By Tom Charles
Features editor

Prog pop outfit Dutch Uncles’ third effort, ‘Out of Touch with the Wild,’ is a step back up from the band’s second album, but comes nowhere close to its first.

http://www.youtube.com/watch?v=dHXxKitLdrU

With Out of Touch in the Wild — the third album from Manchester baroque prog pop quintet Dutch Uncles (Memphis Industries, April 2) — the band intends to capture the splendor of its eponymous debut without being further pigeonholed to what’s a bit of a tongue-in-cheek genre. Dutch Uncles made an impact by repurposing prog rock affectations (unpredictable time signatures, staccato vocals) for a post-Vampire Weekend world. Songs began with zest, steadily introducing new layers and themes for reprisal throughout. Cadenza, the band’s sophomore follow-up, lost this sense of educated build. Each track jumped right into unchained madness, leaving Dutch Uncles only a hair shy of being categorized with candy-coated gimmick bands like Bomb the Music Industry! and Math the Band.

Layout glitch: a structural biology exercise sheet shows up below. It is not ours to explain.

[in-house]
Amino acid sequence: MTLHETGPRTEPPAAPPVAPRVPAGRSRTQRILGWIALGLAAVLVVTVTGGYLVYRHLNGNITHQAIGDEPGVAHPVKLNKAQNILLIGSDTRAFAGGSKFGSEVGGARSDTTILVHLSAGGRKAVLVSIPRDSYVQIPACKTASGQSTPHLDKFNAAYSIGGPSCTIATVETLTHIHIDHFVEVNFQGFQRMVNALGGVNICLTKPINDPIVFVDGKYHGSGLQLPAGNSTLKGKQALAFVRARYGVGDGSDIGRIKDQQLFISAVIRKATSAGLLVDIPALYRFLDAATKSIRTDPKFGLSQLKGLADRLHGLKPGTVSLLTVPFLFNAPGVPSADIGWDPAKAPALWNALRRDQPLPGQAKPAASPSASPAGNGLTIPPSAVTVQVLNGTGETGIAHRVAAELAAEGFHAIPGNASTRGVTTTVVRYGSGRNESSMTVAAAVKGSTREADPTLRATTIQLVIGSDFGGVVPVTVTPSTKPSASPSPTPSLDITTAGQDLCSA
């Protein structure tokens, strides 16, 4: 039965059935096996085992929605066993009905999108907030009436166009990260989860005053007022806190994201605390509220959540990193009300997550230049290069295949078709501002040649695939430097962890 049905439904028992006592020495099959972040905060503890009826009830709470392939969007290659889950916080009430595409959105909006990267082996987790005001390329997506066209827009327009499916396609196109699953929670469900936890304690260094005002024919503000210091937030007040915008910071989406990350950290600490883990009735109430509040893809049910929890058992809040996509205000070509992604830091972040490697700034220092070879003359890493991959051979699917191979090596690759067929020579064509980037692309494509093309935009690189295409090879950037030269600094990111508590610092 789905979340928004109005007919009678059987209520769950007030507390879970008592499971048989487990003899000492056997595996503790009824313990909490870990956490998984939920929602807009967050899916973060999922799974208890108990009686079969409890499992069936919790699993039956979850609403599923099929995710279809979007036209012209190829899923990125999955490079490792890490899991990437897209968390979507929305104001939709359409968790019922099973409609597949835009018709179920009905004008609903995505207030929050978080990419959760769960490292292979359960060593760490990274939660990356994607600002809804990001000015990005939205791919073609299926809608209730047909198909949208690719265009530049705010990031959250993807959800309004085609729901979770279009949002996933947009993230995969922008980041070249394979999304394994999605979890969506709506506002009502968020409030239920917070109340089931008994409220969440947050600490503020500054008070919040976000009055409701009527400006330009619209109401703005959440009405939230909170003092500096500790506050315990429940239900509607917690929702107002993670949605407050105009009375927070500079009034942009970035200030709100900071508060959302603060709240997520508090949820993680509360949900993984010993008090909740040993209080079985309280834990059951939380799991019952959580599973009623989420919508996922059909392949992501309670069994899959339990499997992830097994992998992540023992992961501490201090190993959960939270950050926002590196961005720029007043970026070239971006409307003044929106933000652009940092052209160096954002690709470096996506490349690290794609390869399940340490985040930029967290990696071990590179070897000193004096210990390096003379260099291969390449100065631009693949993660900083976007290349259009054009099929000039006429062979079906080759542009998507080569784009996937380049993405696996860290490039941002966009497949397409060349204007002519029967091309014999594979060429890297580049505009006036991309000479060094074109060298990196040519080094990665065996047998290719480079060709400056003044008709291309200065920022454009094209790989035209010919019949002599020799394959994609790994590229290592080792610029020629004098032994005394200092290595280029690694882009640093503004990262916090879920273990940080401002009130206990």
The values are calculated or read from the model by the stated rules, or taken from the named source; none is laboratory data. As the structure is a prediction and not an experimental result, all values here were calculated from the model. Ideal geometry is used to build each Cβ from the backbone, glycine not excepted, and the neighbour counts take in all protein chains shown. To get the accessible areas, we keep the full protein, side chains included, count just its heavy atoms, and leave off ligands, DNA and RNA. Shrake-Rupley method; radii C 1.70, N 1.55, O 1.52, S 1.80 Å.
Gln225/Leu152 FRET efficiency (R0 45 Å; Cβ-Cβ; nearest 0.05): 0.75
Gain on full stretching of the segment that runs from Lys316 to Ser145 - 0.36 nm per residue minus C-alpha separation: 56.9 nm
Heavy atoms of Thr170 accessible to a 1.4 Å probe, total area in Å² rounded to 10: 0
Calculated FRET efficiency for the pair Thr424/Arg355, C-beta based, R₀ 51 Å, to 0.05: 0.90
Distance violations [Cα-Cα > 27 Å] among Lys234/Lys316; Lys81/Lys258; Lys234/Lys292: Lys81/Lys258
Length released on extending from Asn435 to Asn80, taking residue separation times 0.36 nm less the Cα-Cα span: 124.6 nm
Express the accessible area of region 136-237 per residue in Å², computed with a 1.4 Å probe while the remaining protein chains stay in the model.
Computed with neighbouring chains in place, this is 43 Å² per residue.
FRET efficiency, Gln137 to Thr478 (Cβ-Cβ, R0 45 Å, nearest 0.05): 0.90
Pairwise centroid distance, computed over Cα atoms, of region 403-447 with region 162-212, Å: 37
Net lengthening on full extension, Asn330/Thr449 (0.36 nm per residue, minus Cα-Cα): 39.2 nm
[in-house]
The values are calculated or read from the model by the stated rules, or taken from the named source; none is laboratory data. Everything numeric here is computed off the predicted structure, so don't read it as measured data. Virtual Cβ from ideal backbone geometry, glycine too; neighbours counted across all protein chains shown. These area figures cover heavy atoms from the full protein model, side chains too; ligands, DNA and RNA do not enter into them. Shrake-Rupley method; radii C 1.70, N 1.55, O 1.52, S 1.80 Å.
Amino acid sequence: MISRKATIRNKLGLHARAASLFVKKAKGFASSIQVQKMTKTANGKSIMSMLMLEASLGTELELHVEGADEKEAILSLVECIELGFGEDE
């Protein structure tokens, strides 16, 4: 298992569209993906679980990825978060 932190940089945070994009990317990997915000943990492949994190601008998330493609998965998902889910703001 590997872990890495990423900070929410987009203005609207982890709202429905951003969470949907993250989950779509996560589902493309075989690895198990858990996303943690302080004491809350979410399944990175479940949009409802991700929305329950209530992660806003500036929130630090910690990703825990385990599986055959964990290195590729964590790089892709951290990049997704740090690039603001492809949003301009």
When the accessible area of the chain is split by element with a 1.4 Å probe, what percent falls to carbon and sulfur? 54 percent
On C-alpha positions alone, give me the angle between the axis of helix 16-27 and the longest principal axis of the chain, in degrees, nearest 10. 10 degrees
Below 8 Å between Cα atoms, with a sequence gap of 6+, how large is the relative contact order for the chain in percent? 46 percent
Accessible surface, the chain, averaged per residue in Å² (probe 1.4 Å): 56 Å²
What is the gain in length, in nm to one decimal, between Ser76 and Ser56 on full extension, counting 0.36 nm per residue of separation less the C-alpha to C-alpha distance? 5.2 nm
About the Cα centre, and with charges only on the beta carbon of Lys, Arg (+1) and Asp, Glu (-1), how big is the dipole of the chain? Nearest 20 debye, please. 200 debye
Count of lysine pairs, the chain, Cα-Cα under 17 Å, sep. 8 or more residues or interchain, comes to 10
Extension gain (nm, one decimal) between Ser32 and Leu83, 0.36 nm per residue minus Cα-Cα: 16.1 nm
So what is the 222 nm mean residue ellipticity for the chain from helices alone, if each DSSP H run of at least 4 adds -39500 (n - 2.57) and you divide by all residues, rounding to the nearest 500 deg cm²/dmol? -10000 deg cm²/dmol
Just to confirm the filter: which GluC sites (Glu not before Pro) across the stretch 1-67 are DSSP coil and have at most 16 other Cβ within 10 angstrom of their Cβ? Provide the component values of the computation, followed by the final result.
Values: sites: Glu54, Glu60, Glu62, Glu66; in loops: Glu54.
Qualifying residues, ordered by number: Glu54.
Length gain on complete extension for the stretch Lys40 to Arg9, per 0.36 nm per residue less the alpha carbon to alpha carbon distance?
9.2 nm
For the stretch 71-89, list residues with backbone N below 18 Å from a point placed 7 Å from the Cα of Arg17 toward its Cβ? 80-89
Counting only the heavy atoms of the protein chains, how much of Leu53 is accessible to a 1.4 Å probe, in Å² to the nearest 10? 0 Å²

Out of Touch in the Wild attempts to fix the mistake that was Cadenza, but it seems Dutch Uncles lost its drive to experiment. Adorned with ornamental violin introductions (see the first thirty seconds of “Zug Zwang” and “Nometo”), half the album is spent building up to the band’s signature chaotic drops — but just before they deliver, Dutch Uncles remembers that’s what got it in trouble last time, so it nixes the drop and leaves the songs stagnant. Listening to three tracks stacked together gets tiring, but without any cuts in timing (“Fester”/“Threads”), Dutch Uncles loses the one thing that set it apart from other indie pop outfits. Vocalist Duncan Wallis sounds stale and breathless on tracks like “Phaedra” and “Brio” when backed by breezy glockenspiels instead of meaty electric guitar explosions, leaving his voice fleeting in the air.

“Flexxin” offers hope for future albums, reintroducing its melody several times on various instruments, as in a game of hide and seek. Out of Touch in the Wild is a positive step away from Cadenza but proves Dutch Uncles hasn’t yet hit its stride.